AlexandriaBioMed Realty and HCP control 70% of the leasable lab space in the region and are investing more, Grant says. These landlords can fund turnkey tenant improvements, which has helped attract young biotech firms able to use their funding toward R&D instead of facility improvements.

While leasing activity in 2014 and 2015 produced single-digit availability and double-digit rent increases, landlords are creating significant amounts of space. Over the past 18 months, over 800k SF in University Towne Center has been purchased and is being converted to lab space. Over 400k SF has been leased, with another 150k SF pending activity. Torrey Pines Mesa has about 250k SF of future ground-up development available along with another 500k of redevelopment of antiquated lab buildings. UTC/Campus Point has over 1M SF of future development and 700k SF redevelopment, according to Grant.

The only problem with all this space is demand has curtailed in recent months due to problems with public markets and venture capital fundraising. The biotech index fell by 25% during the first half of this year, causing several publicly traded biotech firms to lose on average 50% of their market caps, according to Grant.

Companies have become more conservative with their real estate needs since the end of 2015 and into this year. It’s also taking startups longer to get Series A and Series B funding from venture capitalists, who are becoming more careful about where they provide capital. While the index is recovering, many firms are waiting for market cap rates to rise before moving forward on their facilities, Grant says.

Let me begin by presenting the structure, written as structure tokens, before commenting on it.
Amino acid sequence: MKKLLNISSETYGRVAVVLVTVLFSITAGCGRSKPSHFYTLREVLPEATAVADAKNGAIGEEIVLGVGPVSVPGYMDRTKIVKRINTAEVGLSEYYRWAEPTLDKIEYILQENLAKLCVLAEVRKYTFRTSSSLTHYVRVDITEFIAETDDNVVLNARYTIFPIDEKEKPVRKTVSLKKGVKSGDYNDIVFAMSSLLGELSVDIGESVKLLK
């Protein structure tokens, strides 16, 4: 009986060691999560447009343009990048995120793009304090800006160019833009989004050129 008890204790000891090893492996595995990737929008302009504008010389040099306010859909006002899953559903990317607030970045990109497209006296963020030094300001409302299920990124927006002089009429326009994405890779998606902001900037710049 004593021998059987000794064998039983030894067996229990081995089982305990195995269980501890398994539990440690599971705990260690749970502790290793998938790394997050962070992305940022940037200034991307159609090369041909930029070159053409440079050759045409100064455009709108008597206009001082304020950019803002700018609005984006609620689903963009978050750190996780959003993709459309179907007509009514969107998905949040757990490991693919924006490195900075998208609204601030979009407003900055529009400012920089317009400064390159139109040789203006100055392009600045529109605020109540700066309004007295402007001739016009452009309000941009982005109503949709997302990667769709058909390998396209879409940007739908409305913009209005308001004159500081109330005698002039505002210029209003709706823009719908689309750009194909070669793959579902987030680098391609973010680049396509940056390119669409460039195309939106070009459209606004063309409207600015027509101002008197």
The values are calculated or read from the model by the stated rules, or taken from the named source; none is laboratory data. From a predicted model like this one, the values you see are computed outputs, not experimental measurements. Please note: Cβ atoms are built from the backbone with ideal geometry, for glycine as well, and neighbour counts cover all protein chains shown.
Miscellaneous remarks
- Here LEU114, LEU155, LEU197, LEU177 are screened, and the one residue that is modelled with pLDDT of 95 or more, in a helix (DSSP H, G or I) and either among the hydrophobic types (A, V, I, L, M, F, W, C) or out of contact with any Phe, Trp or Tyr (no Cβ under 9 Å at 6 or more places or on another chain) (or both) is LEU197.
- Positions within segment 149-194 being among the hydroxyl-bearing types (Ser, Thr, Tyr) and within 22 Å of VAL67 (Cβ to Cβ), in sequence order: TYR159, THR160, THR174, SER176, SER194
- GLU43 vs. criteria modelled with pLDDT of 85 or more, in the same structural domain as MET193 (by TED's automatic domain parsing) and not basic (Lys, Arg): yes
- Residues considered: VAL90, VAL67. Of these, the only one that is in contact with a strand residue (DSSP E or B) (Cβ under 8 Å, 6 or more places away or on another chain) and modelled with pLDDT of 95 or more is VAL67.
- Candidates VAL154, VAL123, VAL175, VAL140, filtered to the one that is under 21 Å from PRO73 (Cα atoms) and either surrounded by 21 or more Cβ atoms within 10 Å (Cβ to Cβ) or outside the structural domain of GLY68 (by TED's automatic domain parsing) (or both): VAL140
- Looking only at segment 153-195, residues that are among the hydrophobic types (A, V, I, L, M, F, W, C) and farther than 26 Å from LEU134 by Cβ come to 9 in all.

SEATTLE-BELLEVUE

Life Science Sector Rents Up, But Lack Of Supply Problematic

Supply: 4.6M SF
Under Construction: 300k SF
Vacancy: 5.1%
Average Rent: $43.87/SF (Seattle – Lake Union); $42.20/SF (Seattle – Capitol Hill)
Venture Capital Funding: $310M
NIH Funding: $829.1M

JLL SVP Danny Seger, above, says life science is the fifth-largest industry in the Seattle region and accounts for over $12.5B of the state’s GDP. Major funding from the Gates Foundation, venture capital and NIH funding make Seattle the sixth-most-funded life science region. This has supported the growth of small and midsized life science ventures populating the region.

A lack of space is among the biggest challenges. While South Lake Union has been the heart of the Puget Sound life science industry, vacancy rates are under 3% and average full service asking rents are firmly in the mid-$40s/SF with some deals reaching above $50/SF. The entire 300k SF under construction for the region is all within this expensive submarket. The area’s newest building, Vue Research Center, pre-leased 140k SF and filled up the rest as soon as the center opened. Capitol Hill, aka “Pill Hill,” is an emerging lab market housing several major medical centers, but has no vacancy and no new projects planned.

Low vacancy is pushing companies east to Bothell and Redmond, where there is more space and affordable rent creating “de facto manufacturing locations” for pharma, biotech and medical device and instrument industries, Danny says. There’s also 10% vacancy in these markets. Small and midsized firms can find opportunities here, but only one block of space over 50k SF is available.